Stunning images reveal Blue Moon’s true colors (PHOTOS)
A Blue Moon, while apparently not truly blue in color, could be observed on Friday night. It looked like a regular ivory full moon. Yet, according to the calendar, it was the second full moon in a month, an event that will next occur only on January 31, 2018.
The first full moon this month occurred on July 2. As the lunar calendar is shorter than the Gregorian calendar likely to be hanging on your wall, this event sometimes happens in months that are 31 days long.
The phrase “once in a blue moon” is commonly used to describe rare events, however, the modern definition appeared only in the 1940s thanks to James Hugh Pruett, who simply described it as the “second [full moon] in a month” in an article published in Sky & Telescope magazine.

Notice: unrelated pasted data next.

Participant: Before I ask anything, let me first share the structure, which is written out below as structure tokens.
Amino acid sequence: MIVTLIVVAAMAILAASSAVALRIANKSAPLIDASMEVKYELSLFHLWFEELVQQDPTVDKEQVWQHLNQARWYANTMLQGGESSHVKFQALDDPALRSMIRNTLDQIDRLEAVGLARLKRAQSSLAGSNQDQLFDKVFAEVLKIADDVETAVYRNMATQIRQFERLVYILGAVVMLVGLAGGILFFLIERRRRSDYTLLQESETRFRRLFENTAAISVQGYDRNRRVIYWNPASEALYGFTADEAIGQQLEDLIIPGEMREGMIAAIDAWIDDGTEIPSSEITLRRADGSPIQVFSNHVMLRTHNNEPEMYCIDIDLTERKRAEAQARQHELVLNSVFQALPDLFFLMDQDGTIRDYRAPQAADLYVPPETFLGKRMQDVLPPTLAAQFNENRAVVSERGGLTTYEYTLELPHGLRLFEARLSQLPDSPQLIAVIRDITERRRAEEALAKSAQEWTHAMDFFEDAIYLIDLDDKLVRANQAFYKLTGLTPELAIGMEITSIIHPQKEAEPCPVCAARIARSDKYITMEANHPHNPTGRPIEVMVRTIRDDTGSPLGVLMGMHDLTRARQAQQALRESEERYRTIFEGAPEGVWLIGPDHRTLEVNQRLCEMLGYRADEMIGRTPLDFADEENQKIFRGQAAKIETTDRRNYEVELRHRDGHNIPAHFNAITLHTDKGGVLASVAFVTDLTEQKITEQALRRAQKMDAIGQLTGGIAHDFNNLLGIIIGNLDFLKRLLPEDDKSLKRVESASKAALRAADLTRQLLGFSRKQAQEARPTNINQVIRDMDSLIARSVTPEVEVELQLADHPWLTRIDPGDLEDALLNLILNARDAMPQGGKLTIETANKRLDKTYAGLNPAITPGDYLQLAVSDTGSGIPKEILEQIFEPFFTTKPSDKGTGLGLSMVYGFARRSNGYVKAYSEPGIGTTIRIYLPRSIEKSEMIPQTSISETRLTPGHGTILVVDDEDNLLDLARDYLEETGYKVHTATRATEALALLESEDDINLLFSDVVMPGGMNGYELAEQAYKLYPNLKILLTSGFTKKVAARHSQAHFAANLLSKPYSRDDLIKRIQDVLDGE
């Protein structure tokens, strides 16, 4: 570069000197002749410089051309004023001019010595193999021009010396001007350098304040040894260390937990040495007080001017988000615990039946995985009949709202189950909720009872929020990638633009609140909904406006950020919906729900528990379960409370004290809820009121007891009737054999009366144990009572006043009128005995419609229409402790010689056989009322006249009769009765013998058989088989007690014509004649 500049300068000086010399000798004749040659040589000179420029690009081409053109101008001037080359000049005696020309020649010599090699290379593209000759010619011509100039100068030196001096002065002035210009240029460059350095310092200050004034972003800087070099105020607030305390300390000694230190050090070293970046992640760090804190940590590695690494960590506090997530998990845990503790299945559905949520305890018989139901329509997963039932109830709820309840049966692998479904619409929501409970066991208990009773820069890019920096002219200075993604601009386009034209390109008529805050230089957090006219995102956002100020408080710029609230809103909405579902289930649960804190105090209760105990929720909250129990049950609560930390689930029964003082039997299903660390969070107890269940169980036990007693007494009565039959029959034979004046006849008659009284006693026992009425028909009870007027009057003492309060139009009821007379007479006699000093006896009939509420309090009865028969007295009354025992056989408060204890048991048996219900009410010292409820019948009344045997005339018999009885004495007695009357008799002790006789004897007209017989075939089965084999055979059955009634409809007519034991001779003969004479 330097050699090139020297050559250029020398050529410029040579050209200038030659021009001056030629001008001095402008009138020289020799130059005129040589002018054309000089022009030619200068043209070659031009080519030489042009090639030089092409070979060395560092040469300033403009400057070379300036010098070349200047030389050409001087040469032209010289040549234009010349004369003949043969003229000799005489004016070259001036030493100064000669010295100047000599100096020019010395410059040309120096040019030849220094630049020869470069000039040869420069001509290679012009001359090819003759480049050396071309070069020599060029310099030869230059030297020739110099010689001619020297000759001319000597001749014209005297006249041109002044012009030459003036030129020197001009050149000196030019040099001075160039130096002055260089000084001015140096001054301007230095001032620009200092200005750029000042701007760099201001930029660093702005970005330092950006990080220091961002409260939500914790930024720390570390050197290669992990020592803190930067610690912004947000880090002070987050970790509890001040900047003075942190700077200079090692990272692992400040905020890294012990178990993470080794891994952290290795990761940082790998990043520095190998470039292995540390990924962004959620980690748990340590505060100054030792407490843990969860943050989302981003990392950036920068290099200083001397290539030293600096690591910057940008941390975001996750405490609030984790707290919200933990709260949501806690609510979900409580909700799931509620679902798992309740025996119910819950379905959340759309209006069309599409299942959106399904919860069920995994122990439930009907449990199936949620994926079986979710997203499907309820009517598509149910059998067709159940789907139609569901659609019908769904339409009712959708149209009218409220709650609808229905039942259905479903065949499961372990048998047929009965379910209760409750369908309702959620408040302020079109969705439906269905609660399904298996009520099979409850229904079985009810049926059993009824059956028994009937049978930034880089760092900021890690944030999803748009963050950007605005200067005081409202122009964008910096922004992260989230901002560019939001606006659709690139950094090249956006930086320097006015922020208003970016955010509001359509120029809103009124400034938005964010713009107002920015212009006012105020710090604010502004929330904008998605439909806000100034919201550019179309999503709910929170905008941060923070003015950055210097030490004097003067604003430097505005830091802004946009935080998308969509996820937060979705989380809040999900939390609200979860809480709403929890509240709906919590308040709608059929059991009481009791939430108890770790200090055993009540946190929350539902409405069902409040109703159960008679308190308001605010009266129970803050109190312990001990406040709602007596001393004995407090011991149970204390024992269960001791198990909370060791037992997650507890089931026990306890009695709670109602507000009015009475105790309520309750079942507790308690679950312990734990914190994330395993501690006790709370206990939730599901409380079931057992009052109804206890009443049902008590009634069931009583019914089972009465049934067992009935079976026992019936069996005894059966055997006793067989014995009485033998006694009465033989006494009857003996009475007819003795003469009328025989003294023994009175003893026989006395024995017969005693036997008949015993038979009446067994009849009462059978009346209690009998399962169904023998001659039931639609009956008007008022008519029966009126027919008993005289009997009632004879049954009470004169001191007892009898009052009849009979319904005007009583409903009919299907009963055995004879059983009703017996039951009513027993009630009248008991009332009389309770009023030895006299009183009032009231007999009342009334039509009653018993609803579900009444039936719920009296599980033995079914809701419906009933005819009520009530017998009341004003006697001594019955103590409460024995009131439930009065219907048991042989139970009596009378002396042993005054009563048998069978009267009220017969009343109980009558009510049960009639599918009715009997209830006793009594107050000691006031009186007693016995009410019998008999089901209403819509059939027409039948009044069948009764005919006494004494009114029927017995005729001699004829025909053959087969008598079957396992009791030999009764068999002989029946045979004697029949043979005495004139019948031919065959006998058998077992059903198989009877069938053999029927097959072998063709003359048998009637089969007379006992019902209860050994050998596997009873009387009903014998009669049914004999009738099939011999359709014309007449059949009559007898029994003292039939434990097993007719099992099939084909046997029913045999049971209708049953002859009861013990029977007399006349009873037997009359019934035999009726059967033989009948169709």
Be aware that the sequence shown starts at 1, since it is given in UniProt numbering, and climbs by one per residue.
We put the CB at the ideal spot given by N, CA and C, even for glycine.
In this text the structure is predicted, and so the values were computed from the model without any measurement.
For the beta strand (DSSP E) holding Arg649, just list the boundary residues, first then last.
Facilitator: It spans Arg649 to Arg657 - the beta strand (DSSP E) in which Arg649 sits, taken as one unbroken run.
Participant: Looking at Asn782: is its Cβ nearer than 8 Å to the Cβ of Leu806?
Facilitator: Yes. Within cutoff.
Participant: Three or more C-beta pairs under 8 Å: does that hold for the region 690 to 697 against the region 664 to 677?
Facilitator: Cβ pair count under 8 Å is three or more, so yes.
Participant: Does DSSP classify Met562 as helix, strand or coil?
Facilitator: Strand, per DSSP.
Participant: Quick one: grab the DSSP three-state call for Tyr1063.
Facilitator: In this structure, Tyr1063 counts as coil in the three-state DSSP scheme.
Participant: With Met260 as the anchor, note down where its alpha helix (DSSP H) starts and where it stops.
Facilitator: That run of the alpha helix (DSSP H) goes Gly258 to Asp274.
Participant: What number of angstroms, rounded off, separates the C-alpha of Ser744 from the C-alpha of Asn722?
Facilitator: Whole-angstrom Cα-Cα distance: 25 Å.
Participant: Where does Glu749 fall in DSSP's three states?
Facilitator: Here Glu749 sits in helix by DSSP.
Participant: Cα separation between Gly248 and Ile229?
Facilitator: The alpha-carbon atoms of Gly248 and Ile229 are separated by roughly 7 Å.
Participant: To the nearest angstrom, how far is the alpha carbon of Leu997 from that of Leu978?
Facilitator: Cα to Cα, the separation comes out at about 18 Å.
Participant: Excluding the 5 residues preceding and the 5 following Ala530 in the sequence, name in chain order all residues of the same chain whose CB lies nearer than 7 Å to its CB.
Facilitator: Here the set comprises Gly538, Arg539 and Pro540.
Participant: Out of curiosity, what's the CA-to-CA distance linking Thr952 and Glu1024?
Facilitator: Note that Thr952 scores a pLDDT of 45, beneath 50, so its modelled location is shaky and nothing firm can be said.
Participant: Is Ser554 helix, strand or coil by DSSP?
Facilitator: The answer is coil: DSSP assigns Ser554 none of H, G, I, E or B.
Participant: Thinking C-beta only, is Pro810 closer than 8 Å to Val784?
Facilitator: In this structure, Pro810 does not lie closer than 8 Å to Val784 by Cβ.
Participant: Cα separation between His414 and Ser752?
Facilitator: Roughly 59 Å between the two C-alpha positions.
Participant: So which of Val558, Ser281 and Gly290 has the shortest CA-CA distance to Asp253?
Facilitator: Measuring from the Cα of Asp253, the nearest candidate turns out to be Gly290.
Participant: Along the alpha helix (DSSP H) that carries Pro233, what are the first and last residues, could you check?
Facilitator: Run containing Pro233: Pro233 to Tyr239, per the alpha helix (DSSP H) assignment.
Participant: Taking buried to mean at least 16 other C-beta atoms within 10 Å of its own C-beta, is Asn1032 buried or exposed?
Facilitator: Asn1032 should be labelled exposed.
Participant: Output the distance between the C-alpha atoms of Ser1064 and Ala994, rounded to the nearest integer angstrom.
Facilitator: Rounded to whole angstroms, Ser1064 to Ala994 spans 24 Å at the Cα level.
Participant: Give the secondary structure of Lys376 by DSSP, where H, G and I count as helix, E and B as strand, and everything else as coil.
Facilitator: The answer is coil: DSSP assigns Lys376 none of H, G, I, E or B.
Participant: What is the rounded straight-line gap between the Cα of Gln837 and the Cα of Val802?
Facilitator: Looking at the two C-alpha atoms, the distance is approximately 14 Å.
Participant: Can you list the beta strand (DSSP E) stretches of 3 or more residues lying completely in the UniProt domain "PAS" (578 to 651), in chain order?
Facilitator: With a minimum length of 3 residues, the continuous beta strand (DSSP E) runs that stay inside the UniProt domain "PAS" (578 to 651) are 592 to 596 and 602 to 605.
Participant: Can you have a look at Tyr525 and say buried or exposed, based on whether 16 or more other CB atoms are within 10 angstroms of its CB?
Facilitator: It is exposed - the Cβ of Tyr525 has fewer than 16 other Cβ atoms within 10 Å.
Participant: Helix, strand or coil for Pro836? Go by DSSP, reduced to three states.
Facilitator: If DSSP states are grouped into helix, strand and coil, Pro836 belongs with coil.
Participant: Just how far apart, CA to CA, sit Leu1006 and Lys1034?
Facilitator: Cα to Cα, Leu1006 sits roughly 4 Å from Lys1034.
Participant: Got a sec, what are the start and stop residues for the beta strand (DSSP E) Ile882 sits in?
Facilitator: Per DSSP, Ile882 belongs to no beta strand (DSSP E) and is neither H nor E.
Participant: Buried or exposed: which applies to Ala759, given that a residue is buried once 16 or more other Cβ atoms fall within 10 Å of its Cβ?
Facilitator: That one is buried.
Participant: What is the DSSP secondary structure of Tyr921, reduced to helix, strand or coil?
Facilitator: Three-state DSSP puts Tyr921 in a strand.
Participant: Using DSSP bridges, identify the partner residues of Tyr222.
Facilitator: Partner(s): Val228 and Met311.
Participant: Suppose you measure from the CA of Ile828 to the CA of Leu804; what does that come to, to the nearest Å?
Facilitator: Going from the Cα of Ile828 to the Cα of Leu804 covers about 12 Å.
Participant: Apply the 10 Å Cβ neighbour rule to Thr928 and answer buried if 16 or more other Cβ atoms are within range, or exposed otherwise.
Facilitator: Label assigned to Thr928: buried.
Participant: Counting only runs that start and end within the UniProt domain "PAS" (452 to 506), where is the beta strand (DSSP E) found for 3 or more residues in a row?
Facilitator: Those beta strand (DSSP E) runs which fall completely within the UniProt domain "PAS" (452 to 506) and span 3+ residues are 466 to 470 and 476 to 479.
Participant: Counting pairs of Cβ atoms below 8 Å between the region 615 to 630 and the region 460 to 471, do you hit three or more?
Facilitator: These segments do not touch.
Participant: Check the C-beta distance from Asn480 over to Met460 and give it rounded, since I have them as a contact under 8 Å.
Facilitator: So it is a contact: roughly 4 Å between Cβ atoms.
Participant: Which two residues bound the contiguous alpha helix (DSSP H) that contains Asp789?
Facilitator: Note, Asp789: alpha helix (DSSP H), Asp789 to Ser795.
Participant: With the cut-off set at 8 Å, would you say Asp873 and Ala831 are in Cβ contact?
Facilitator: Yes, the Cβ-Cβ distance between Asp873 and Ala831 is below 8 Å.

“Most Blue Moons look pale grey and white, just like the Moon you’ve seen on any other night. Squeezing a second full Moon into a calendar month doesn’t change its color. Nevertheless, on rare occasions the Moon can turn blue,” NASA said in a press release.
According to NASA, a real change in the Moon’s color requires some kind of natural disaster, such as volcanic eruptions or massive forest fires. People had an opportunity to see a genuinely blue Blue Moon back in 1883, after a volcano in Indonesia called Krakatoa erupted, spewing volcanic ash into the top layers of the atmosphere, which then acted like a filter.
However, “red Blue Moons are far more common than blue Blue Moons,” says NASA, explaining that aerosols, which act as a filter to scatter blue light, are much more common in the Earth’s atmosphere than ash.